My vet's acid test of a very sick dog is if they refuse fast food broiled chicken, such as El Pollo Loco or KFC (no breading!). Something about how it is cooked and spiced is often more appealing to them than homemade. Copper did much of his gall bladder surgery recovery on El Pollo Loco chicken and flour tortillas, at first only eating even that if I took a bite first.
CAUTION: If "sick dog foods" are fed too much, a smart dog like Copper will learn quickly to try to manipulate you for these kind of foods after they are better. It can be a very hard habit to break in the best of times, and almost impossible if they can't be allowed to go without food long enough (up to three days) to get real hungry and return to their normal diet. I never did get Copper back to his then kibble-only diet and he became a hard keeper. I ended using a half serving of Leilah's food, or a little cottage cheese, mixed into his kibble.
Update 5/2004: The recipe for the homecooked portion of Leilah's diet hasn't changed other than I now mix the spinach in with the other veggies before cooking, and I've stopped adding the pasta and oatmeal. She gets enough carbs in her kibble, which is now measured.
Leilah is a 5 year old 33-34 lb Vizsla/Beagle mix with a Vizsla metabolism. She needs a middle/high protein and fat content. Her health problems are mild luxated patellas and lax hips, she's prone to mild colitis and some dandruff if the weather's been real dry for a while, and she is at high risk for cancer.
Canidae Kibble, free fed.
Dinner, 1/2 cup homecooked food w/ supplements:
Homecooked Leilah food:
2 lb ground chicken
1 - 32 oz bag Vegetable Medley
1 - 6 oz bag spinach
1/2 cup salad macaroni
1/2 cup oatmeal
1/2 can canned pumpkin (ummm, 12 oz can? Might be 16 oz. Small can isn't enough, need the big one). Not pie filling, which has spices added.
2 cloves garlic
1 bunch parsley
olive oil for cooking the chicken, maybe 4 or 5 tablespoons.
A REALLY big bowl for mixing, or else you'll have to make it in smaller batches.
Large Veggie Steamer
Thaw one bag at a time and feed with 2
black fish (fish oil capsules, fortunately she just eats them straight),
1 T. Nupro Supplement, 1 t. herbal vitamin supplement, and 1/2. t. Barley
Dog powder. 2 oz water is optional, I use the Nupro scoop. Water
makes it easier for her to get all the powders cleaned up since she insists
on getting all the fumes. Fish oil caps ("EFA Skin and Coat Formula") and
Herbal Vitamin Supplement are available at Merritt
Naturals. Nupro is available from JB
Wholesale and many other places online. Barley Dog is available
at most any pet supply store in real life and online.
Chop the spinach in food processor, use the slicing blade and keep it stuffed it into the chute tightly for best results. Put a couple inches water in the bottom of the steamer, bring to a slow boil. Put the spinach in, cover it, let steam for about 5 mins. Put aside. Yup, it's a mess, try to drain as much water out of it as you can.
Put chopping blade into food processor. Peel the garlic and chop together 2 cloves garlic and parsley. Divide in 2 parts, put aside.
Chop rest of veggies together, if you're steamer's big enough to put all of it in, do so, or else do all this in halves. Put pasta in a couple inches water at bottom of steamer. Put oatmeal on top of veggies. Cover it and steam for about 6-8 mins, then stir it, steam about another 6-8 mins, then take off the heat and let it cool. Drain the pasta, break it up if it clumped together. .
I cook the chicken one package at a time. Use low/med heat, on my electric stove the dial at about 5:00 position works well. Use a frying pan with a cover. Let pan get hot, put about 2 tablespoons olive oil (a "dollop" works for me), then half of the parsley/garlic mix. When it's sizzling, put in the chicken. After a few seconds, use a spatula to flip it over and start breaking it up. Leave covered for about 5 mins or so, then stir, flip over larger pieces, and break it up some more. Keep this up, cooking covered and stirring, until there's not the slightest bit of pink left, this might take maybe 15-20 minutes. I tend to leave it on a few extra minutes after I see no pink, just to make sure. When cooked, dump chicken into a colander (strainer) in the sink to drain off water and fat, and rinse quickly with cold water to cool it down. Be extra sure to wash your hands well, and utensils and counters if necessary, after handling raw chicken.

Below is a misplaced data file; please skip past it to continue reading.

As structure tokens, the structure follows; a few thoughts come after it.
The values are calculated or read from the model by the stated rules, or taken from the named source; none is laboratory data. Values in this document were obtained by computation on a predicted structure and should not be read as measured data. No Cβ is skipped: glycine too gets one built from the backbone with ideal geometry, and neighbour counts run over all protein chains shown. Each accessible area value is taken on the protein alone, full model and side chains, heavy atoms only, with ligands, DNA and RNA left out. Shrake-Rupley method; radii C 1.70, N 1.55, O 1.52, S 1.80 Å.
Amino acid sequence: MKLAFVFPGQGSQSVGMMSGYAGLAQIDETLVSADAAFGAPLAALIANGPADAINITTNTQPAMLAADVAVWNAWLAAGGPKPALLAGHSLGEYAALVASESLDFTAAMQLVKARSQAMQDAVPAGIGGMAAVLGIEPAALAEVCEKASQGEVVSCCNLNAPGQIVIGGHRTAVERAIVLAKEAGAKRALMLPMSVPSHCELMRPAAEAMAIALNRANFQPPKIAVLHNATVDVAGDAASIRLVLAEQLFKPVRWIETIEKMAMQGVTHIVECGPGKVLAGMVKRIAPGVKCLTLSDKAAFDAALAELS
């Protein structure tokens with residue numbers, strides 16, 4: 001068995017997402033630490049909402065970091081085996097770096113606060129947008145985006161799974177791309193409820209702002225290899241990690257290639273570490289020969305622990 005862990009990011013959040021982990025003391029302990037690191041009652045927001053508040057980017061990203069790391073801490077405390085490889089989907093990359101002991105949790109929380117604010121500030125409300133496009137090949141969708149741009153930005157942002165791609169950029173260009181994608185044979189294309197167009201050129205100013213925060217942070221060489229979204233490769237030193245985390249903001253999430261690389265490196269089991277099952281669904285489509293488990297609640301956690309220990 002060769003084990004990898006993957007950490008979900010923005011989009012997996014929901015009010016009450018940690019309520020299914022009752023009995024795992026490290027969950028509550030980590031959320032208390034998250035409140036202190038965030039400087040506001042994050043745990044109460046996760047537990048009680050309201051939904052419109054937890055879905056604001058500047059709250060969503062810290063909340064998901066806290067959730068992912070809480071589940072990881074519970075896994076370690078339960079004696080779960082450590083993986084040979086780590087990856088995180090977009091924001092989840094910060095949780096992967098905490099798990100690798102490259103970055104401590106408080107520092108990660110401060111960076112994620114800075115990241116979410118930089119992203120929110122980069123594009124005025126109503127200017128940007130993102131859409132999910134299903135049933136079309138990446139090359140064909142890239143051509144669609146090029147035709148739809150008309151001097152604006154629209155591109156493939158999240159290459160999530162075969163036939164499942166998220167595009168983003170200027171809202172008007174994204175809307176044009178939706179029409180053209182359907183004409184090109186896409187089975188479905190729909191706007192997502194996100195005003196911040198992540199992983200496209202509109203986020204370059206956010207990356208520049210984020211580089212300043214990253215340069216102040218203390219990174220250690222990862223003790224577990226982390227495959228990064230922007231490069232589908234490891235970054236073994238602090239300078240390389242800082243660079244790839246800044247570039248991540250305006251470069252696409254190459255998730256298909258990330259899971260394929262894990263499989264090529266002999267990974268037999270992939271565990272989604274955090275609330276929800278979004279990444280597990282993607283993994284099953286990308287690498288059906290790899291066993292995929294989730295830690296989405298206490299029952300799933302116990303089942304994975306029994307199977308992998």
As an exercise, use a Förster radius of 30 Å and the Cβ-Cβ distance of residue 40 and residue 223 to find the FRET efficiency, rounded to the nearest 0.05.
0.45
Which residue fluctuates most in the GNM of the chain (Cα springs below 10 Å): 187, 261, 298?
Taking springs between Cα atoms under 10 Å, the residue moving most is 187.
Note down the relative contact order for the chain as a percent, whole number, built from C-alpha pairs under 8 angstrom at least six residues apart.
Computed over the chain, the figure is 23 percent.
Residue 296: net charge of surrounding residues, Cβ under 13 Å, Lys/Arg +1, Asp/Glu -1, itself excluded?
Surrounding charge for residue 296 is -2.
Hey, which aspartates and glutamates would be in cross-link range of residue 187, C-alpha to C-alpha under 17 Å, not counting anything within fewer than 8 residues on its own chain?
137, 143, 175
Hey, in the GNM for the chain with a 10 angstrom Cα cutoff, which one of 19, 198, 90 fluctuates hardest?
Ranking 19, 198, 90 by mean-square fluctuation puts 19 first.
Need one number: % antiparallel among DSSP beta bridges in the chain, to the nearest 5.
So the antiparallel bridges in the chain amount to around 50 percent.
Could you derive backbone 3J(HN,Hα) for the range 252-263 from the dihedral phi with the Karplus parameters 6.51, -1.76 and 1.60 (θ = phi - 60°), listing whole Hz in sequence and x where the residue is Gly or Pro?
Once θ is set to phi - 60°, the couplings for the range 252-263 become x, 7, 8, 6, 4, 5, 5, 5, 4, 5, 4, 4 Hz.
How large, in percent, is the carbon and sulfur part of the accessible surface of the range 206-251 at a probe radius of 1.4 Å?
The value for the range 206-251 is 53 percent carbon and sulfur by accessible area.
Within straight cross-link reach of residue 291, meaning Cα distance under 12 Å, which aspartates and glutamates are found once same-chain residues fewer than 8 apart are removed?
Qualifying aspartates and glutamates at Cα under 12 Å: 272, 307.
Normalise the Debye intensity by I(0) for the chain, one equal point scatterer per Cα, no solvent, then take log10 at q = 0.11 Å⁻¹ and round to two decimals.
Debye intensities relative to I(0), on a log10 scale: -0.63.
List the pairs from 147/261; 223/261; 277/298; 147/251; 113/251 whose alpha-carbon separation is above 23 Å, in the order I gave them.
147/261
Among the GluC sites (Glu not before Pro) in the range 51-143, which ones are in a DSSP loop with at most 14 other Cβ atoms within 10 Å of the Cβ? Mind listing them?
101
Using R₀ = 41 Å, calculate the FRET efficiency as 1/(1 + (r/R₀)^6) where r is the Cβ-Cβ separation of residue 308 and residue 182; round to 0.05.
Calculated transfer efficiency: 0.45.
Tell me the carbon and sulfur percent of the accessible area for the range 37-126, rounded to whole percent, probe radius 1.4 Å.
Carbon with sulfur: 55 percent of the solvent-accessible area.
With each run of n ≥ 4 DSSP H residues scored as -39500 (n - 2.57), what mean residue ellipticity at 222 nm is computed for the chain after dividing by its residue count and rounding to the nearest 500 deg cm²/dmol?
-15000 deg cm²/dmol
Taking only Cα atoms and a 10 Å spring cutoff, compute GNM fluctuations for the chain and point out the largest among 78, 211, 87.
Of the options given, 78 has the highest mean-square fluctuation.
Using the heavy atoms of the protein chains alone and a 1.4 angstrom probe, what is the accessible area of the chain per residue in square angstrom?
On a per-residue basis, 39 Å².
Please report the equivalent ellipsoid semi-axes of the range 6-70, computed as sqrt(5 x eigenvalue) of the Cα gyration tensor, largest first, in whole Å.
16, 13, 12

Put the cooked veggie/oatmeal mix in large bowl. Crumble the chicken into it. Add pasta and spinach. The spinach doesn't cooperate, it clumps up and it will not mix very easily, use a fork to break it up. Mix it all up. Get out the baggies and open the canned pumpkin. I put 1 and 1/2 teaspoon canned pumpkin into each baggie first, just wipe the spoon off on the inside of the baggie. Put 1/2 cup of mix into each, seal it and freeze it. Since snack baggies aren't real thick, I put them into tupperware type containers for freezing.
All done cooking and bagging? Now take the collar off the dog. That way her tags don't hit the big bowl edges and bother her when she pre-rinses it.
Thaw one bag at a time and feed with 2 black fish (fish oil capsules, fortunately she just eats them straight), 1 T. Nupro Supplement, 1 t. herbal vitamin supplement, and 1/2. t. Barley Dog powder, 1 300mg Glycoflex. 2 oz water is optional, I use the Nupro scoop. Water makes it easier for her to get all the powders cleaned up since she insists on getting all the fumes. Fish oil caps ("EFA Skin and Coat Forumla") and Herbal Vitamin Supplement are available at Merritt Naturals. Nupro is available from JB Wholesale and many other places online. Barley Dog is available at most any pet supply store in real life and online.
Two batches of this takes about 4 hours for me to make and lasts about 6 weeks.
In the end, this didn't do a thing for Copper's problems, but it didnt seem to hurt. I can say I tried and he did enjoy it!.
Copper had a chronic skin problem, epidermal inclusion cysts, for many many years, since before I got him, and it occasionally requires surgery, it's quite an ordeal when they get infected. He's had almost 50 removed in 2 big surgeries in the 3 years I've had him. Conventional vets, including 2 different dermatologists, don't know any way to prevent it or slow it down, so I'm trying a nutritional approach.